Parasite Makes Rats Fearless in Front of Cats
Researchers have known that the toxoplasma parasite can be one deadly organism. Toxoplasma parasites are most commonly found in cats where they thrive. When the parasite infects pregnant women, it can immediately lead to a spontaneous abortion. When it infects patients with poor and compromised immune systems, it can lead to deaths. Even though this parasite can cause fatal results, a new study discovered that the toxoplasma parasite does something completely different to mice.
For this study, the researchers headed by graduate student Wendy Ingram from the University of California, Berkeley, examined the effects of the parasite once it infects mice. She used three strains of the parasite and compared the infected mice's behaviors to the behaviors of normal and healthy mice. She had tested the mice's response to bobcat urine and rabbit urine. Mice will generally avoid bobcat urine and do not react to rabbit urine. Ingram found that infected mice roamed the area with bobcat urine fearlessly whereas uninfected mice avoided the area.
The effects appeared to be permanent even after the mice had bounced back from the flu-like symptoms associated with the toxoplasma parasite infection. The researchers also found that the fearless behavior stayed at least four months after the parasite was cleared from the body. Ingram's findings were the results of a study that started three years ago.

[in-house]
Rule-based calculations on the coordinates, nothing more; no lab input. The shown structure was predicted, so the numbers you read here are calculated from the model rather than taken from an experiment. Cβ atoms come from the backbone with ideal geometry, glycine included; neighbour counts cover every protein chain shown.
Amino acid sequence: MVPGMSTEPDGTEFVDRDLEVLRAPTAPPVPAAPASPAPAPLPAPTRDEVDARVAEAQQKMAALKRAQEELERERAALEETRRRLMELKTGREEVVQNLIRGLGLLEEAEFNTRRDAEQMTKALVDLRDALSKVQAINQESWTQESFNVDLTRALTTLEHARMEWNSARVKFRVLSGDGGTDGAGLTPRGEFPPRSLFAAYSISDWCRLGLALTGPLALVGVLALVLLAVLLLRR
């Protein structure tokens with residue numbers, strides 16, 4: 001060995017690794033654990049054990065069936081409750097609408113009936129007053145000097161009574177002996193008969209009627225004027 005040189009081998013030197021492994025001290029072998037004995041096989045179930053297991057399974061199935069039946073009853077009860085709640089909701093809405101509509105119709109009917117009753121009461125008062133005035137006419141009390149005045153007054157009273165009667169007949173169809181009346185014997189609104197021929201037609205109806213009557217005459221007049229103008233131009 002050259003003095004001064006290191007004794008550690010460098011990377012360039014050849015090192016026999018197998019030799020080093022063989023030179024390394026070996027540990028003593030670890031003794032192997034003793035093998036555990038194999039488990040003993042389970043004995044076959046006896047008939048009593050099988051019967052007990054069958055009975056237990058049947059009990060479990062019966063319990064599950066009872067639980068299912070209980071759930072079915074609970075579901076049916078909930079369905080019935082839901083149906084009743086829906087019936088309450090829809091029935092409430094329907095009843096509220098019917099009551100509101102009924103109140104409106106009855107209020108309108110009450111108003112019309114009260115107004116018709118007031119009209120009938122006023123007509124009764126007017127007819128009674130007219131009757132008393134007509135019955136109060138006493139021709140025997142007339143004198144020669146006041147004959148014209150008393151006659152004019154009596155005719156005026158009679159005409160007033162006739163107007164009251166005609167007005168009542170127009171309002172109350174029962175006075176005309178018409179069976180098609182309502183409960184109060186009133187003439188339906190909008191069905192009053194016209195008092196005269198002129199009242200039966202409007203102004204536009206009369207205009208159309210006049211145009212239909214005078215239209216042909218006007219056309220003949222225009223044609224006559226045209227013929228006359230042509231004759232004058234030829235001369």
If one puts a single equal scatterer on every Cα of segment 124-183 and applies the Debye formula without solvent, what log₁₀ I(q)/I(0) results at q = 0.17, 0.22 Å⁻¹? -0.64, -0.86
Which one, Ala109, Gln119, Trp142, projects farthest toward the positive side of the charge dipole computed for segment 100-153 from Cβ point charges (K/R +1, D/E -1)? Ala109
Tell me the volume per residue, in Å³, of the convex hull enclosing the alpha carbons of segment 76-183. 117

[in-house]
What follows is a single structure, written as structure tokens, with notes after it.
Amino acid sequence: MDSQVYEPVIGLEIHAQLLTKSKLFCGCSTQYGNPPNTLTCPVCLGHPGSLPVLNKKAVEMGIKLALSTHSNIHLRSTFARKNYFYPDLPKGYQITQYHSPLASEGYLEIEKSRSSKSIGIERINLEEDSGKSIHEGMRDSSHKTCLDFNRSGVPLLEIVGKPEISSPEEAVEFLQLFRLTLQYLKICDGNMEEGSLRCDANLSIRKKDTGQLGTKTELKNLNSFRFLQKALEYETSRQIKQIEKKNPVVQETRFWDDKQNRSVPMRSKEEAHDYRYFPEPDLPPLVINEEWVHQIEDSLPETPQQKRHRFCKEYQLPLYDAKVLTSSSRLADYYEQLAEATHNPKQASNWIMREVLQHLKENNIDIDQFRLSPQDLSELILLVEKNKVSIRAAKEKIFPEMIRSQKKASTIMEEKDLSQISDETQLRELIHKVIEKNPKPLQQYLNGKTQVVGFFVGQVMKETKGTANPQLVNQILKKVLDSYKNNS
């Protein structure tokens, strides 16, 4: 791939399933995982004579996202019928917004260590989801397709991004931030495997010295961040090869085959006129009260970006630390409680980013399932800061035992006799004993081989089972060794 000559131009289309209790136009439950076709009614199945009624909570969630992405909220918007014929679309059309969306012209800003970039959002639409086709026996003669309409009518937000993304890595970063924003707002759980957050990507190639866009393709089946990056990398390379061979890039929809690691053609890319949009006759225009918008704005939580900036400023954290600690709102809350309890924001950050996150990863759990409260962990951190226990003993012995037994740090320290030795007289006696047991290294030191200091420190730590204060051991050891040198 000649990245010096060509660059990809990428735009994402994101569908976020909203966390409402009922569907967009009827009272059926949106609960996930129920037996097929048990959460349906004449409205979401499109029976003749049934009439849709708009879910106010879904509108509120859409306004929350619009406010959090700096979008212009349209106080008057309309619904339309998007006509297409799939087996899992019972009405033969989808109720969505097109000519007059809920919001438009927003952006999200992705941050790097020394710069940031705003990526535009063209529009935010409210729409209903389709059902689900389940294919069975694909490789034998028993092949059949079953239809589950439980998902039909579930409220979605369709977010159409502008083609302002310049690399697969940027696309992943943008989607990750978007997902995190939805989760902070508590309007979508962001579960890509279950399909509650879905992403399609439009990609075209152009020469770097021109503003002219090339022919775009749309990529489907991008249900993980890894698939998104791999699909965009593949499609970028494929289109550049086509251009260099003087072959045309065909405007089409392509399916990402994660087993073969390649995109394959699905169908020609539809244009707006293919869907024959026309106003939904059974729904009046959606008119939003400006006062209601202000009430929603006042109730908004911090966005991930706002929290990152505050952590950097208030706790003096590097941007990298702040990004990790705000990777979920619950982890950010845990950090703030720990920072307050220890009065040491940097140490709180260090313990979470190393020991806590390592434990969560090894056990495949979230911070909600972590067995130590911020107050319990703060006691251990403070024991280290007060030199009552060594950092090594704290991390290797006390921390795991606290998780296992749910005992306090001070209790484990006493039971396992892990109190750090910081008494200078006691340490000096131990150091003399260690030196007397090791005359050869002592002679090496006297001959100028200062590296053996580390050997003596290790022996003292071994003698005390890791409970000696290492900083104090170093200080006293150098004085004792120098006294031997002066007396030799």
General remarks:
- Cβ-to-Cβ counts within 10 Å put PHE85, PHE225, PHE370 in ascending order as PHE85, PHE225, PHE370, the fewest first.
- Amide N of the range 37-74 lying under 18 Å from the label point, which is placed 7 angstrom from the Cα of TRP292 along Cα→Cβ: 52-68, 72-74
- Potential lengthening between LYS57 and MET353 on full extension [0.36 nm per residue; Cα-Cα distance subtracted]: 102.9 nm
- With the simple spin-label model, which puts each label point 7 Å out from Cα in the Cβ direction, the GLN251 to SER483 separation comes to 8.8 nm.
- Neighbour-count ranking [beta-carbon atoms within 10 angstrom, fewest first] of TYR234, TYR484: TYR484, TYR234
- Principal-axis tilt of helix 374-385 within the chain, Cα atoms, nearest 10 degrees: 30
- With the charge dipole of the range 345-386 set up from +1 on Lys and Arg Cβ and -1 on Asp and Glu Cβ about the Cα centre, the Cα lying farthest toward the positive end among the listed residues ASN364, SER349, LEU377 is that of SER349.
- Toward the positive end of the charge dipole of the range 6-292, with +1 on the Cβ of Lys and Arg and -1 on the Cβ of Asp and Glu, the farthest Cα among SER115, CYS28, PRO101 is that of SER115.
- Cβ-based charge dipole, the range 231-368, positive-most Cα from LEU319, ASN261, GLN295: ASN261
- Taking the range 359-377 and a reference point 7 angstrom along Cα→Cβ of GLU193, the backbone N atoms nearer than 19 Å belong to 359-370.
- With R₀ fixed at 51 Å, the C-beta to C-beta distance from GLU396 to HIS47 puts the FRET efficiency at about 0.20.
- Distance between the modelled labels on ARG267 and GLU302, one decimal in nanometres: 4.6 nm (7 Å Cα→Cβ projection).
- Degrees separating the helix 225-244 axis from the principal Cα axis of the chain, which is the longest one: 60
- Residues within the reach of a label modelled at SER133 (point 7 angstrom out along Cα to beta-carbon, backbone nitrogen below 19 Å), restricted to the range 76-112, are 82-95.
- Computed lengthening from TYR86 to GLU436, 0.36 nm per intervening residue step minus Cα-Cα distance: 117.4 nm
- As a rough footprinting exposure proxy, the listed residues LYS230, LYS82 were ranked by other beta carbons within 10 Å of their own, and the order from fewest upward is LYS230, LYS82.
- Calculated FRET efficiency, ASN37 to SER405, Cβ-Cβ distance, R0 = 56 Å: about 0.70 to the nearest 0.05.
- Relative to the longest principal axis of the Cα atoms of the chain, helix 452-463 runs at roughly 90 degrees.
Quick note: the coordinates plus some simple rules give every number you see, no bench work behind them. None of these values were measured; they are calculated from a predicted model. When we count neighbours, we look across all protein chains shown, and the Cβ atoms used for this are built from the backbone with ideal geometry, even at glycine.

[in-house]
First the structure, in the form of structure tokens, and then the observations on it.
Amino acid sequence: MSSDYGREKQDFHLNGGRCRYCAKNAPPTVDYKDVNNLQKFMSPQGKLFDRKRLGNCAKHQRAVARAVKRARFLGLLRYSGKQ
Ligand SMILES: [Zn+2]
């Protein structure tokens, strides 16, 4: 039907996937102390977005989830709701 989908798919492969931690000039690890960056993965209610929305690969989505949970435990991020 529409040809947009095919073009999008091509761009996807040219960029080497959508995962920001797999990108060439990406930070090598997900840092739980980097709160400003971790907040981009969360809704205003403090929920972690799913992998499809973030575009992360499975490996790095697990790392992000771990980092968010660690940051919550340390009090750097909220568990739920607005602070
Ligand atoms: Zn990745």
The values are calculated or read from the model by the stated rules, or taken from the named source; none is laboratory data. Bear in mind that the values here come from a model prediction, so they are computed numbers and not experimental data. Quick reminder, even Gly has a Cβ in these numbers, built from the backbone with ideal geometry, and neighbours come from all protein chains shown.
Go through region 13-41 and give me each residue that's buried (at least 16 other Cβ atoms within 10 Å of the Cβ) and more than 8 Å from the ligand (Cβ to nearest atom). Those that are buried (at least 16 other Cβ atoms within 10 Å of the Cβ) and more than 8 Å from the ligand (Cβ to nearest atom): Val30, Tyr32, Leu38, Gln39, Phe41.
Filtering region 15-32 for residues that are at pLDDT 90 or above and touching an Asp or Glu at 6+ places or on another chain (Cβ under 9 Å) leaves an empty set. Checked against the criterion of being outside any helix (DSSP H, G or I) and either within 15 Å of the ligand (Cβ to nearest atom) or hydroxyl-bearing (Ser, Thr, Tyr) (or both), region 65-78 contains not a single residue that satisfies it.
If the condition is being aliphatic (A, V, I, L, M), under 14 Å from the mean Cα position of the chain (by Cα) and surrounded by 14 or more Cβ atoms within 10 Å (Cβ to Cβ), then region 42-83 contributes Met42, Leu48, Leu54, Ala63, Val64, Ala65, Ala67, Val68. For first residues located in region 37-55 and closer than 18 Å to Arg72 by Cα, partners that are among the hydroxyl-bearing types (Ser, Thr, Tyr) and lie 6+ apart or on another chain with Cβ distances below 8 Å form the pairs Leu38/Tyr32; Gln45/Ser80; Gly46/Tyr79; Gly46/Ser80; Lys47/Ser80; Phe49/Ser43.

"Even when the parasite is cleared and it's no longer in the brains of the animals, some kind of permanent long-term behavior change has occurred, even though we don't know what the actual mechanism is," Ingram said according to the University's press release.
The lasting fearless behavior is detrimental to the mice because they become easy prey to cats. Once cats eat them, the parasite will reproduce in the cat's intestinal track and continue infecting other organisms. Even though Ingram could not identify the exact causes of the fearless behavior, she reasoned that the parasite could have destroyed the mice's ability to smell cat urine. Other possibilities could be that the parasite permanently damaged the brain cells responsible for learning and memory.
"The idea that this parasite knows more about our brains than we do, and has the ability to exert desired change in complicated rodent behavior, is absolutely fascinating," Ingram said according to ABC News. "Toxoplasma has done a phenomenal job of figuring out mammalian brains in order to enhance its transmission through a complicated life cycle."
Ingram is now investigating how the mouse's immune system fights the infection. The study was published in PLOS ONE.